The constituents which are ultimately incorporated in the reaction products are maintained in reservoirs 18, 20 and 22 which may be commercially-available pressurized tanks. These reservoirs are provided with heaters 24, 26 and 28 for maintaining the temperature of the reactants sufficiently high to maintain the vapor pressure within the reservoirs at a level sufficient to cause adequate vapor flow through the metering apparatus to the burner. The minimum vapor pressure for accomplishing this purpose is 4 psig. The maximum pressure in the reservoirs is dictated by equipment limitations such as the mass flow controller described hereinbelow, the recommended maximum operating pressure of which is 150 psig. Temperature controllers 30, 32 and 34, which maintain the source material in each reservoir at an appropriate temperature, may be selected from such commercially available units as model 383 Robert Shaw controllers, Eurotherm controllers, or the like. Pressure sensors 36, 38 and 40 provide controllers 30, 32 and 34, respectively, with controls signals. Accordingly, the reservoir pressure is monitored, and the information thus derived is used to control the operation of heaters 24, 26 and 28. Appropriate valves 42, 44 and 46 in lines 41, 43 and 45, respectively, are associated with the respective reservoirs for exercising some control over vapor flow if desired, and allowing the flow of various vapors to be completely cut off as, for example, for system maintenance or reservoir replacement. Pressure control valves 48, 50 and 52 are provided in lines 41, 43 and 45, respectively, so that the rates of flow of the respective vapors from the reservoirs may be controlled. In order to more easily operate the system, it is anticipated that valves 48, 50 and 52 are of a type which are controlled electromagnetically or by means of a motor. Accordingly, motors 54, 56 and 58 are illustrated as being coupled to the valves and operated by controllers 60, 62 and 64 to cause the flow of vapors from the reservoirs to vary in a desired manner. Mass flow rate transducers 66, 68 and 70 are disposed in flow sensing relationship with lines 41, 43 and 45, respectively. The signals provided by these transducers are applied to the controllers so that the mass flow rates of the vapors can be controlled. Each combination of a pressure control valve, motor, controller and transducer, for example those elements represented by numerals 48, 54, 60 and 66, is referred to as a mass flow controller. Such controllers are conventionally found in fluid flow systems, and various appropriate types of controllers are readily commercially available. One example of such a controller is the Tylon model FC-260, available from the Tylon Corp. of Torrance, Calif. In this system the motor 54, for example, comprises an electric heater coupled to a differential expansive tube with an attached ball which moves relative to the valve seat to vary the ball-to-seat opening, thus regulating gas flow through the valve. Each of the controllers 60, 62 and 64 has a setpoint input terminal which is connected to the system control unit 72 which may comprise a microprocessor or computer which is programmed to provide each controller with an appropriate control signal. Controller 72 may comprise an A-D converter with a model 3911A controller, a model 1500 CAMAC crate (Kinetic Systems, Inc.) coupled to a PDP 11/34 computer using a VT 52 video terminal, programmer console, DEC writer, RK 11T disk and a software, the last six components being obtainable from Digital Equipment Corporation.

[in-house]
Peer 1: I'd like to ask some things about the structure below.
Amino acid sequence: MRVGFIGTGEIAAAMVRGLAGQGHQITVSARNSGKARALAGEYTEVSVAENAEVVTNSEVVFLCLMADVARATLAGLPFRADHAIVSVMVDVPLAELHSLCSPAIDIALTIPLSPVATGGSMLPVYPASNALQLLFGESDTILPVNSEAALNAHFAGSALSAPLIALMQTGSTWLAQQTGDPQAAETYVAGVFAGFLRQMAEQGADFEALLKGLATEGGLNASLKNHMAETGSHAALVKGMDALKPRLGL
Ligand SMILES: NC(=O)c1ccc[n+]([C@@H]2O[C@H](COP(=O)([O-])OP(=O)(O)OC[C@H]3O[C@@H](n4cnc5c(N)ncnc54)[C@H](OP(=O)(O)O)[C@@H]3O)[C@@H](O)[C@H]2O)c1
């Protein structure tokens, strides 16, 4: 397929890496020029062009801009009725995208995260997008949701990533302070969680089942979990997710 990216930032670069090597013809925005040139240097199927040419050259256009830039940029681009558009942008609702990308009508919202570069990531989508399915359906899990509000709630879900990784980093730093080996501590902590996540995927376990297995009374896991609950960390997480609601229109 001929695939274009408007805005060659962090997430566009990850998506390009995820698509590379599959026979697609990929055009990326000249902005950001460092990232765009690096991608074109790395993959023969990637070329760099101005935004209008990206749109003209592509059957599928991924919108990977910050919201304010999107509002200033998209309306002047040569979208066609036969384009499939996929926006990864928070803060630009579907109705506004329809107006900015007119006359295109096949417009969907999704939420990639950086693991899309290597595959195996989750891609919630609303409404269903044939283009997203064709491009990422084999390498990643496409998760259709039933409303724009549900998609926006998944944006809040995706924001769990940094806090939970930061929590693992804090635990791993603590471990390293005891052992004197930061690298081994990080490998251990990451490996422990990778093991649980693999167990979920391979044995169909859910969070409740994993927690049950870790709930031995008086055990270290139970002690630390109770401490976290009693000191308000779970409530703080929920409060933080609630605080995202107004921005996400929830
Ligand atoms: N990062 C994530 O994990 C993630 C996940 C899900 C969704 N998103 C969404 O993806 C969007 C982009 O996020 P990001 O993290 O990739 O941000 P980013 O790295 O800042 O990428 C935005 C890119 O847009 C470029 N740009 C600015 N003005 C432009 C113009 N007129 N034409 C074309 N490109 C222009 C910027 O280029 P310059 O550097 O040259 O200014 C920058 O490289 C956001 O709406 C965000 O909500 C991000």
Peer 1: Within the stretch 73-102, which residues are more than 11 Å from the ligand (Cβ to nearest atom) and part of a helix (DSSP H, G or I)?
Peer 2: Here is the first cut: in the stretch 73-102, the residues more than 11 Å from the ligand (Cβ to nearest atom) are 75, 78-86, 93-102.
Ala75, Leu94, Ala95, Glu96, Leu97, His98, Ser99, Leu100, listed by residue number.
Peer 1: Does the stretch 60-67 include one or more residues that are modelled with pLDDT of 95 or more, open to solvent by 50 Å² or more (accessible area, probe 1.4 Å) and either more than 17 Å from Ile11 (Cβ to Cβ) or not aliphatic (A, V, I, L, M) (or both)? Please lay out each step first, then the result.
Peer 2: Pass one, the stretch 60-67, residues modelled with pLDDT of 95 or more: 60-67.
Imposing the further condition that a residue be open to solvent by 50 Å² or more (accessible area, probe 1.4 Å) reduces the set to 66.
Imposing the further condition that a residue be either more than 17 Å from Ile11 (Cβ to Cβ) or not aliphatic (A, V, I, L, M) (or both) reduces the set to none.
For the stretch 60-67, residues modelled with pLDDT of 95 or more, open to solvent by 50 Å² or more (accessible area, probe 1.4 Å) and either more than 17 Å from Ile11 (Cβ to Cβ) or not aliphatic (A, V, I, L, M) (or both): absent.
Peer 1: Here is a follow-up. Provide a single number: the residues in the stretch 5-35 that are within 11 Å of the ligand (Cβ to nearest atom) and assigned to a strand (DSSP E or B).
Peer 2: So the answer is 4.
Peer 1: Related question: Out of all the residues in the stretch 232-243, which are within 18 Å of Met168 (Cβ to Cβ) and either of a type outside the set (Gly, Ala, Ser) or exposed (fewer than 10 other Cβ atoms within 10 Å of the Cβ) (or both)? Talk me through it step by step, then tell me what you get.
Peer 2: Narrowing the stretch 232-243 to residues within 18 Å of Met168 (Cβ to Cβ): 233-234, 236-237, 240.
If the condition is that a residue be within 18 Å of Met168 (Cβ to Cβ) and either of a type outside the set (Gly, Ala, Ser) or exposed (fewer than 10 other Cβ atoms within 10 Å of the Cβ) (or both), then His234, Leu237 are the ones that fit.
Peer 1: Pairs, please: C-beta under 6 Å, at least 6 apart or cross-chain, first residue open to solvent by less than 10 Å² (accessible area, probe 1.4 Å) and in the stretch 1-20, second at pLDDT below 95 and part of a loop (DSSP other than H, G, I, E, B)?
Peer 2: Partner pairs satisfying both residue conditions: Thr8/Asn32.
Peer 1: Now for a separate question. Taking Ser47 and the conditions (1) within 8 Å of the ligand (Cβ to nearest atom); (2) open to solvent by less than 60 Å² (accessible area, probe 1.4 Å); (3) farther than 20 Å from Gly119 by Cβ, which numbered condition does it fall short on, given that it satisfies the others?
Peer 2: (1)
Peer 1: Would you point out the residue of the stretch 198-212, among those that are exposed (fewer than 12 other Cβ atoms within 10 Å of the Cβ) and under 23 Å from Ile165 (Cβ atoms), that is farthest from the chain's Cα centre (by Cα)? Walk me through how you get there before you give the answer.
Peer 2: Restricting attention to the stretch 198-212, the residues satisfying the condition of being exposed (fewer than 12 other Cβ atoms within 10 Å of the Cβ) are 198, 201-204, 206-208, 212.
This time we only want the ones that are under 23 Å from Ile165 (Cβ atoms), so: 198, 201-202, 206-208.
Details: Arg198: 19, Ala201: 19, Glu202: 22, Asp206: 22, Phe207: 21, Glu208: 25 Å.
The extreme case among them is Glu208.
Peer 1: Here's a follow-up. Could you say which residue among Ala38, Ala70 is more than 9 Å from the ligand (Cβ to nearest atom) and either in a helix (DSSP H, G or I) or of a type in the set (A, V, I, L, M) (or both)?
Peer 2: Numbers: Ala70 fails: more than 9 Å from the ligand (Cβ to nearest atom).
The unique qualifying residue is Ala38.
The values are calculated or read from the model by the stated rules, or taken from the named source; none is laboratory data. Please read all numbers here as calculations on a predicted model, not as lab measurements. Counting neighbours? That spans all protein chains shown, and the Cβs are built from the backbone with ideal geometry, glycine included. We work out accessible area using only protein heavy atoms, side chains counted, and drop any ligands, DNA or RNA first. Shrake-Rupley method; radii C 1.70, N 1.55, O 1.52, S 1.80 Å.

The vapors flowing from lines 41, 43 and 45 are combined in line 71 which is connected to burner 12. Vapor delivery lines 41, 43, 45 and 71 must be heated to a temperature at least as high as the maximum temperature to which reservoirs 18, 20 and 22 are heated. Oxygen may also be introduced into line 71 from a source 74. The rate of oxygen flow is controlled by a mass flow controller comprising valve 76, motor 78, controller 80 and transducer 82. The flow rate of the oxygen is preferably controlled as a function of the flow rate of the vapor constituents so that an appropriate amount of oxygen is introduced into the system. While it is deemed preferable to inject some oxygen into the reactant vapors, this step is not necessary, and in fact one of the advantages of the present system is that a much more dense flow of reaction product constituents can be achieved inasmuch as a carrier gas is not relied upon as the means of transporting the reactant vapors.